A System of Determining Punctuality

I will grant that I have a very loose, extremely pliable system for deciding whether or not I am “on time” for all sorts of activities, most notably, work. I use this system to justify my internal argument that “oh, I’m still on time,” knowing full well that if the facts were presented to any other reasonable person, I would most likely not be judged so.

Let’s begin by using today as an example:
I have a meeting at 1 o’clock, so I decided I would go to lunch at 11:30, giving myself a little time back at my desk before said meeting. An Outlook reminder went off and told me to go to lunch right at 11:30.


I was finishing an email and this took me until 11:32. Since it was past 11:30, the “time I left,” automatically gets rounded up to the next 5-minute mark (similarly, “leaving at 11:30” would constitute any time between 11:26 and 11:30).


Now the beautiful part here is that by leaving 2 minutes later, I actually bought myself an extra 8 minutes. Because, in addition to the 5-Minute Round Up, under this system a person is always on time if they arrive within 5 minutes of the scheduled time. Therefore, I could get back to work at 12:40 and still be “on time.” This also allows me to make it in to work by about 7:50 each morning and yes, still completely “on time.”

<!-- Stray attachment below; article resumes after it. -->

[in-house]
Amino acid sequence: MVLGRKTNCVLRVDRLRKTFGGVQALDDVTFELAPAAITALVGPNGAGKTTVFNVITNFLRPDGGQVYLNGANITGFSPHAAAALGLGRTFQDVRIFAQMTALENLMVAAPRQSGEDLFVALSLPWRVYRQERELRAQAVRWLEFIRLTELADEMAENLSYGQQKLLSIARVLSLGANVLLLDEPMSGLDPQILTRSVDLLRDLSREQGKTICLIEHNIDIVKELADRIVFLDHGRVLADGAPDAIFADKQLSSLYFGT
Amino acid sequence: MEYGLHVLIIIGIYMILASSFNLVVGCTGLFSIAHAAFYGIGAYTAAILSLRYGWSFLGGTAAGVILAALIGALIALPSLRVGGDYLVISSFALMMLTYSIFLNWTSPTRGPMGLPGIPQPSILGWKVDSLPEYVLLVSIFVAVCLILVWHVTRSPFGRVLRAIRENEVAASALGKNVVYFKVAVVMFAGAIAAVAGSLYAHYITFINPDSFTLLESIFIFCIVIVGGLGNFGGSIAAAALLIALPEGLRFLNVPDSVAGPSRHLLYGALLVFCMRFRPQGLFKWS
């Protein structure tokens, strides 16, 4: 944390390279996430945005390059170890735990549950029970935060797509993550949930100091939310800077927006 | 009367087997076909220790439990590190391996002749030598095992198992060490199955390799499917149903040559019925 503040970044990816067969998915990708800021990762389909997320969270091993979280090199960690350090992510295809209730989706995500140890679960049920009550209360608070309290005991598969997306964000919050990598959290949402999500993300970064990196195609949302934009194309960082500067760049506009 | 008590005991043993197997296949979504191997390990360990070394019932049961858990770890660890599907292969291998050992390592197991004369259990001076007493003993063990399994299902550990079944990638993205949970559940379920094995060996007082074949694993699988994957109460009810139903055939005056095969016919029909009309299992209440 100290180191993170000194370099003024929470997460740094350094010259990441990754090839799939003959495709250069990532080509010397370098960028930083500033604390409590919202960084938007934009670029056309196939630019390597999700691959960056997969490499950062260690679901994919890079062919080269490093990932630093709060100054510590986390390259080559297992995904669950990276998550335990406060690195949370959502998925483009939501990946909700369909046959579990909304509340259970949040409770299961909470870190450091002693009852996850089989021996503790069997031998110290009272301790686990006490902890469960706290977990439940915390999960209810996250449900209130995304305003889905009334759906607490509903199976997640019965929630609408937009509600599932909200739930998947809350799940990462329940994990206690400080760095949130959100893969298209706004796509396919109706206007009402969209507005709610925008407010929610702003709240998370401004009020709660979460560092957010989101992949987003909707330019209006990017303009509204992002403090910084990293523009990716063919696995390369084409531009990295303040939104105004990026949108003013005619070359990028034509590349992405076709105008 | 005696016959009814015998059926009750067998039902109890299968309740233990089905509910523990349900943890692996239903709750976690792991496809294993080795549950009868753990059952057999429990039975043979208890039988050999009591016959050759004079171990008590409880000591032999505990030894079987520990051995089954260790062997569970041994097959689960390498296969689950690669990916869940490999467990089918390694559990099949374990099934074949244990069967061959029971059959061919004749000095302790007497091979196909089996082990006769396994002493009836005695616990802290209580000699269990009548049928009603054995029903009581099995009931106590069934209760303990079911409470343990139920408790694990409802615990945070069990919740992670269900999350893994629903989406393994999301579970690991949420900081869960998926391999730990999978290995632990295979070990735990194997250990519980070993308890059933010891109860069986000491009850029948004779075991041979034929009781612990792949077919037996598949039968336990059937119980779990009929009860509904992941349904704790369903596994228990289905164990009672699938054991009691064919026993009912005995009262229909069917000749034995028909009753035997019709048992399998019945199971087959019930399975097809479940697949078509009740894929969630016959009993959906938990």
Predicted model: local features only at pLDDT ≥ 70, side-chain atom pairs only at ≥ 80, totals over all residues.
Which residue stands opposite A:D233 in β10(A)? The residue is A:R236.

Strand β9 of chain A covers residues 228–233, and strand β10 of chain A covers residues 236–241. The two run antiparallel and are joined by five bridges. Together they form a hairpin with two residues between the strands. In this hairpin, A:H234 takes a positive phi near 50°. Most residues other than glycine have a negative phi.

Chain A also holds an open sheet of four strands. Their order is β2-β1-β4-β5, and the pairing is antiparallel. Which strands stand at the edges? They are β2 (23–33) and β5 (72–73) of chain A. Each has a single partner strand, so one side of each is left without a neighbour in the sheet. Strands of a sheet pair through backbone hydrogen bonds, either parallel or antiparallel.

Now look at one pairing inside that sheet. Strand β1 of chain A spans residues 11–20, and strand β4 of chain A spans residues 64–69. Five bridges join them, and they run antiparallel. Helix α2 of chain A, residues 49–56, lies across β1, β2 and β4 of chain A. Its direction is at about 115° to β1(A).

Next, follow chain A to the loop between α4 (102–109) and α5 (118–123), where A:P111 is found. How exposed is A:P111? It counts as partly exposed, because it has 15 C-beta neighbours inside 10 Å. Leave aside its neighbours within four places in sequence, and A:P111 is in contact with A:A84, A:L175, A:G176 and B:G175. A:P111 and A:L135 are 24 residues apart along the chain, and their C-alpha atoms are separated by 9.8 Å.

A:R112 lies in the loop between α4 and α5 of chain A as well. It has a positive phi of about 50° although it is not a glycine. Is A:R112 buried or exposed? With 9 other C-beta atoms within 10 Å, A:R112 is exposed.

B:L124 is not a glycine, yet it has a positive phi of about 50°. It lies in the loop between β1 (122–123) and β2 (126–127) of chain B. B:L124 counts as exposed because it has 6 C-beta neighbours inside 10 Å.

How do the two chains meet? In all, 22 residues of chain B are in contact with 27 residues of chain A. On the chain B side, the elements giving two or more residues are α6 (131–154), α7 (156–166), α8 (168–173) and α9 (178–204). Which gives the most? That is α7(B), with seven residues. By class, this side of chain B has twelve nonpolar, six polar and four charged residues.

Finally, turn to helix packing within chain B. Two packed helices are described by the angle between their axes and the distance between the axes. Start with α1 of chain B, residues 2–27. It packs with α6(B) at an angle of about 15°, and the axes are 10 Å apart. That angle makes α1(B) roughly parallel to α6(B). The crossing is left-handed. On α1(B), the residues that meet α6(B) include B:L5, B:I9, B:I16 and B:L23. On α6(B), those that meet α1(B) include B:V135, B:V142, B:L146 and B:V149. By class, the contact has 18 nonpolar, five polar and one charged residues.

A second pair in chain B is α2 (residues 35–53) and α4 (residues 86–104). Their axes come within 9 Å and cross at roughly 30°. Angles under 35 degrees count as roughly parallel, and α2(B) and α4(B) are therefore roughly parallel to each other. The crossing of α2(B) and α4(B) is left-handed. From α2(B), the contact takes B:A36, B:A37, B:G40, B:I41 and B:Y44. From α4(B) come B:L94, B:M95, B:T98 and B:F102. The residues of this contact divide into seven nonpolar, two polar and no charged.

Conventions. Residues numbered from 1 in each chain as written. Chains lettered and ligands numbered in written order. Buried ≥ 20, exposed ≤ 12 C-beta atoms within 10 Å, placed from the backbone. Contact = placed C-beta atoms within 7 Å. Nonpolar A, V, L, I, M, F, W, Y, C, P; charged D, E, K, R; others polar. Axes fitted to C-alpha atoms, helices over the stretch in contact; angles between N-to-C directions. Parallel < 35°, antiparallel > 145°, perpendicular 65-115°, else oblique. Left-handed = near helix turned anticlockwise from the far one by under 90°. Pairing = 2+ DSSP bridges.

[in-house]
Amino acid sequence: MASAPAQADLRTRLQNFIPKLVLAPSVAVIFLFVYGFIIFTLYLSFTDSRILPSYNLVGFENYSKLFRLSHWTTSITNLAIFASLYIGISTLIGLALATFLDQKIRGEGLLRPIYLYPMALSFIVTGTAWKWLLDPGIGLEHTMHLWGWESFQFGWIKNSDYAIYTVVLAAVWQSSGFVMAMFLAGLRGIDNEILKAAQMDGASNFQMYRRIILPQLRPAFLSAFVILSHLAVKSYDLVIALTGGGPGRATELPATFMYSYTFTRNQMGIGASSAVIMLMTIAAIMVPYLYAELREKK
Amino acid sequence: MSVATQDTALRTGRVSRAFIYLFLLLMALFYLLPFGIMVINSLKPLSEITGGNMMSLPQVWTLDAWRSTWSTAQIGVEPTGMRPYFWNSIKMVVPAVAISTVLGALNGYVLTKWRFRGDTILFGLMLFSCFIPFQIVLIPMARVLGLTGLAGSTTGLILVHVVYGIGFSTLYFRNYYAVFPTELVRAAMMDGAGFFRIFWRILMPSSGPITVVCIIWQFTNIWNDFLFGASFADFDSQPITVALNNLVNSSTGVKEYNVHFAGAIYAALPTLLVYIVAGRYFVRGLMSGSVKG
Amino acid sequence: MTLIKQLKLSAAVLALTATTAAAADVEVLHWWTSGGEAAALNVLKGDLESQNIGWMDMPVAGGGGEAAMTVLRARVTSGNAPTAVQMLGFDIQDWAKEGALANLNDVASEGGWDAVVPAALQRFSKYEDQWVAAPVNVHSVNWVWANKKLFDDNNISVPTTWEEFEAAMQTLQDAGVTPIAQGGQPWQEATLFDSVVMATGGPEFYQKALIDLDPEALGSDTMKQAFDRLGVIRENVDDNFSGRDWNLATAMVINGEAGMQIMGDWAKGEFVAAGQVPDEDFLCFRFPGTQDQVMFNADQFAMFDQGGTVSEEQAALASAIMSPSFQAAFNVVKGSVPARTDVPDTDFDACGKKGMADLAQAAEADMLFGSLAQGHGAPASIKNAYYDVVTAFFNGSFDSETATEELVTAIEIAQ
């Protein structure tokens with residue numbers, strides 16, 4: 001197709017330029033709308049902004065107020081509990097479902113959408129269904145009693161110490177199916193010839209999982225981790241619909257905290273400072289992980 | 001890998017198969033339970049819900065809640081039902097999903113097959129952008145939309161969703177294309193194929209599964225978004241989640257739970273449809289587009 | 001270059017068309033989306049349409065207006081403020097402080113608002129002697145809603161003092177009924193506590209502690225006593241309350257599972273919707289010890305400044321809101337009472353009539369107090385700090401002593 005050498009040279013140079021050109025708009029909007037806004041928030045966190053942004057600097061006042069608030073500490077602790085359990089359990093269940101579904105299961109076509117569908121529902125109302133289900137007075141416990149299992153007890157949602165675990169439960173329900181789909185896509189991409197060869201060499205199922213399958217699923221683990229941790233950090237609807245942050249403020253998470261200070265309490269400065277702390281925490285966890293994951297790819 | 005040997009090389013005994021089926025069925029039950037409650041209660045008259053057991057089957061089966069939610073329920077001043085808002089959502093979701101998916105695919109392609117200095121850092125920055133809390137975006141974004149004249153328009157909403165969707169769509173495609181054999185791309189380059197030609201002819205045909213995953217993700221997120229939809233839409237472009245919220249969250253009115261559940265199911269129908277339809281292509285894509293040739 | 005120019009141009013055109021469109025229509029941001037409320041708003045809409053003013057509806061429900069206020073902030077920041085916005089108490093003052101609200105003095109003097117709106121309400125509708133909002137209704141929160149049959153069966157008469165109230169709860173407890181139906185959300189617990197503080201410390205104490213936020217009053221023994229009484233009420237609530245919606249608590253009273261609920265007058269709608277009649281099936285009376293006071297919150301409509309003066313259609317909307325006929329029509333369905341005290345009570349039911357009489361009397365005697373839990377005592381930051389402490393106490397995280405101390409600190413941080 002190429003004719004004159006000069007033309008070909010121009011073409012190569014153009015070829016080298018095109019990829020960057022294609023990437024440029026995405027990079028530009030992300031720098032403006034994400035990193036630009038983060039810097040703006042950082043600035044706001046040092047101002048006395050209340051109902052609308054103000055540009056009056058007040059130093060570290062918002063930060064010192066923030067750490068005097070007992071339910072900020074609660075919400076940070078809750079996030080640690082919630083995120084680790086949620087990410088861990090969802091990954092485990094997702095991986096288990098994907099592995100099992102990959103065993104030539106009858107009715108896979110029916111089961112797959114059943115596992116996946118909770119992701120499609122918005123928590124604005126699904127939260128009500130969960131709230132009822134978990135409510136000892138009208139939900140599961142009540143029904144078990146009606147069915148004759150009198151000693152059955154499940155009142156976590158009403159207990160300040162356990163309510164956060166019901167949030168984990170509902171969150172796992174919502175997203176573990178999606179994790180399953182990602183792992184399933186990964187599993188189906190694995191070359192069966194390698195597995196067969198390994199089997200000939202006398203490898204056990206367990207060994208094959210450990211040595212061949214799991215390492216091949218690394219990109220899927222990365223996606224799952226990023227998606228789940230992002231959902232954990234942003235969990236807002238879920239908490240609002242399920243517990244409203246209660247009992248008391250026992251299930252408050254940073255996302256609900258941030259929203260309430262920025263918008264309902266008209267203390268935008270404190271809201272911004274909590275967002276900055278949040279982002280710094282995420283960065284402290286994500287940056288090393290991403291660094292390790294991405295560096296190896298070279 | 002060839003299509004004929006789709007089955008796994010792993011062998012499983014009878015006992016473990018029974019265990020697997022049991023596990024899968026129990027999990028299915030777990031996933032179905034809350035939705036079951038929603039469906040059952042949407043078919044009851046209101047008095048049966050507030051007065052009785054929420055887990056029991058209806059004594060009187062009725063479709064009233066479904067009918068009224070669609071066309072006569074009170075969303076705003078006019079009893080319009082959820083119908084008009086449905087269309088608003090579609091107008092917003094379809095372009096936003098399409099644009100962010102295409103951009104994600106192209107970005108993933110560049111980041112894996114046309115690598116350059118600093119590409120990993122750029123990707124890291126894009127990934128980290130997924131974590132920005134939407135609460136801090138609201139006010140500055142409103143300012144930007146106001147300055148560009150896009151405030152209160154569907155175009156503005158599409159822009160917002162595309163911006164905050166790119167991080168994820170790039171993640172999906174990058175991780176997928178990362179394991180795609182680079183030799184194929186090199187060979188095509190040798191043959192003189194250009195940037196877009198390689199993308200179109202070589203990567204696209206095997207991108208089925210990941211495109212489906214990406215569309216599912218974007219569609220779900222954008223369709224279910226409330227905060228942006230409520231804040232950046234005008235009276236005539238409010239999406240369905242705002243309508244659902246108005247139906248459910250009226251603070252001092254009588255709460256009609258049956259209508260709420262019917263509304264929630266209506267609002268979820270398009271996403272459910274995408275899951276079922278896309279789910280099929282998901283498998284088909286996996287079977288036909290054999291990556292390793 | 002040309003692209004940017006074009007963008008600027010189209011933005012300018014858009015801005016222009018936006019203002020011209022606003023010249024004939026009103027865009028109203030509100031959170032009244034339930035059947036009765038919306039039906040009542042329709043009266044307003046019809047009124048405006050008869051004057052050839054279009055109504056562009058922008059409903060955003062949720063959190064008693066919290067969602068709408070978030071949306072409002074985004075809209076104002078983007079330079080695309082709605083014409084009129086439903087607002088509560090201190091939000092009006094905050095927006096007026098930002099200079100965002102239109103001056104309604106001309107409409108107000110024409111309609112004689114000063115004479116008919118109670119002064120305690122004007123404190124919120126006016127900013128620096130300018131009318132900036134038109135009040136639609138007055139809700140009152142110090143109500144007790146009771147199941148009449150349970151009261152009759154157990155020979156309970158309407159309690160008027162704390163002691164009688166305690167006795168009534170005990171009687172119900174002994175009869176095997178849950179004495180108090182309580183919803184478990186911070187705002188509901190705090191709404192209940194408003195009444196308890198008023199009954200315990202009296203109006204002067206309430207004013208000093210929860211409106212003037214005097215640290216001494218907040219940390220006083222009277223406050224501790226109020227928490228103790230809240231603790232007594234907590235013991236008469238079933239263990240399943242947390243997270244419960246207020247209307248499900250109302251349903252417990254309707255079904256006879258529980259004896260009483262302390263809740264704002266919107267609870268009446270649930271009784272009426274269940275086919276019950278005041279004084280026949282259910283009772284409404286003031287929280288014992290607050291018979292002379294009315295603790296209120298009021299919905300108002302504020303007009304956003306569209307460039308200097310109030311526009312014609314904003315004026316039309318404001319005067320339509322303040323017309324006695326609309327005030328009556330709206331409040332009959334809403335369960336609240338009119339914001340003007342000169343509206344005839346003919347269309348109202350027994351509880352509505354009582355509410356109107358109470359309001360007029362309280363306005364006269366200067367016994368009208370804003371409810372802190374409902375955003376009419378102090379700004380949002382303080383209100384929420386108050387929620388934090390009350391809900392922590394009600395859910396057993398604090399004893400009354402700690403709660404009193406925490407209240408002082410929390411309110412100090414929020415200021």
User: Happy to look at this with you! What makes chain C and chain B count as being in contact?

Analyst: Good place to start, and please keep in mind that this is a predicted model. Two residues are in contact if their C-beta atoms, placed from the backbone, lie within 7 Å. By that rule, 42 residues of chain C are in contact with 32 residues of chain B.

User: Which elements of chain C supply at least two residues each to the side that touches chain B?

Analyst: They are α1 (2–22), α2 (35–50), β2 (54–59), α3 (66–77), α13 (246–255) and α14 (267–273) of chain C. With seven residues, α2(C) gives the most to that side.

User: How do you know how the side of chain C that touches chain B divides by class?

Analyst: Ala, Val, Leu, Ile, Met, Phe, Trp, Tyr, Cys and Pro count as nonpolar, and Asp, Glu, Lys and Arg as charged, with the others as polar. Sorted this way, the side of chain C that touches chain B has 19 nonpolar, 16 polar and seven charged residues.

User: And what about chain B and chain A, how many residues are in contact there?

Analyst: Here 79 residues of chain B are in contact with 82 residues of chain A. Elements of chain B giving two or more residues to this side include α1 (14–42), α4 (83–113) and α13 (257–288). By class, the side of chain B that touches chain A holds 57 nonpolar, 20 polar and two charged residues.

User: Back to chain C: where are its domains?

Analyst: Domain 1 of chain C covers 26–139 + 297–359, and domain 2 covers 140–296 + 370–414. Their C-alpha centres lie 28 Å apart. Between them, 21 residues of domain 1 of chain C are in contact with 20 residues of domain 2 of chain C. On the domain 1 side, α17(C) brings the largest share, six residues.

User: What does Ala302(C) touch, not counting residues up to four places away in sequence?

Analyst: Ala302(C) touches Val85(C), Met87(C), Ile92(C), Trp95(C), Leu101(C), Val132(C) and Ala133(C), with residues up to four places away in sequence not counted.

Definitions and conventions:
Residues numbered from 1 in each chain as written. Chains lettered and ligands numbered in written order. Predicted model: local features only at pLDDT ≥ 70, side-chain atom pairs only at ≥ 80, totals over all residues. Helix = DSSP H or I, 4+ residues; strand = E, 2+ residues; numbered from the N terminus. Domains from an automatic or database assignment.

The inherent fallacy of our timekeeping instruments can also be a benefit under this system. You see, the big clock on the wall in our office, by which I will always measure my punctuality, is about 3 minutes behind my computer clock, phone, etc. So, at 11:40 on my watch, it will only be 11:37 on the wall. You’d think this would just help me to be a little “early” on my return, but that’s not the case. A determination of 11:40 means 11:40 by whichever clock will give you the most favorable measurement. So, if I don’t have to be back until 12:40 on the wall clock, that means 12:43 by my watch. And, since :43 is past :40, you guessed it—the 5-Minute Rule. I “left” at 11:45, and back in 60 minutes-plus.


So I walked out the door at 11:33, and through some very simple and illogical reasoning, I bought myself an extra 12 minutes for my 60-minute lunch. And, 12 minutes just happens to be the same amount of time it takes me to walk home. Please feel free to exploit this system whenever you need to, and if necessary, even brand it as your own. It’s highly effective in an environment where no “clock punching” actually happens. It has been my experience, though, that a timeclock is not as forgiving as a confused supervisor.

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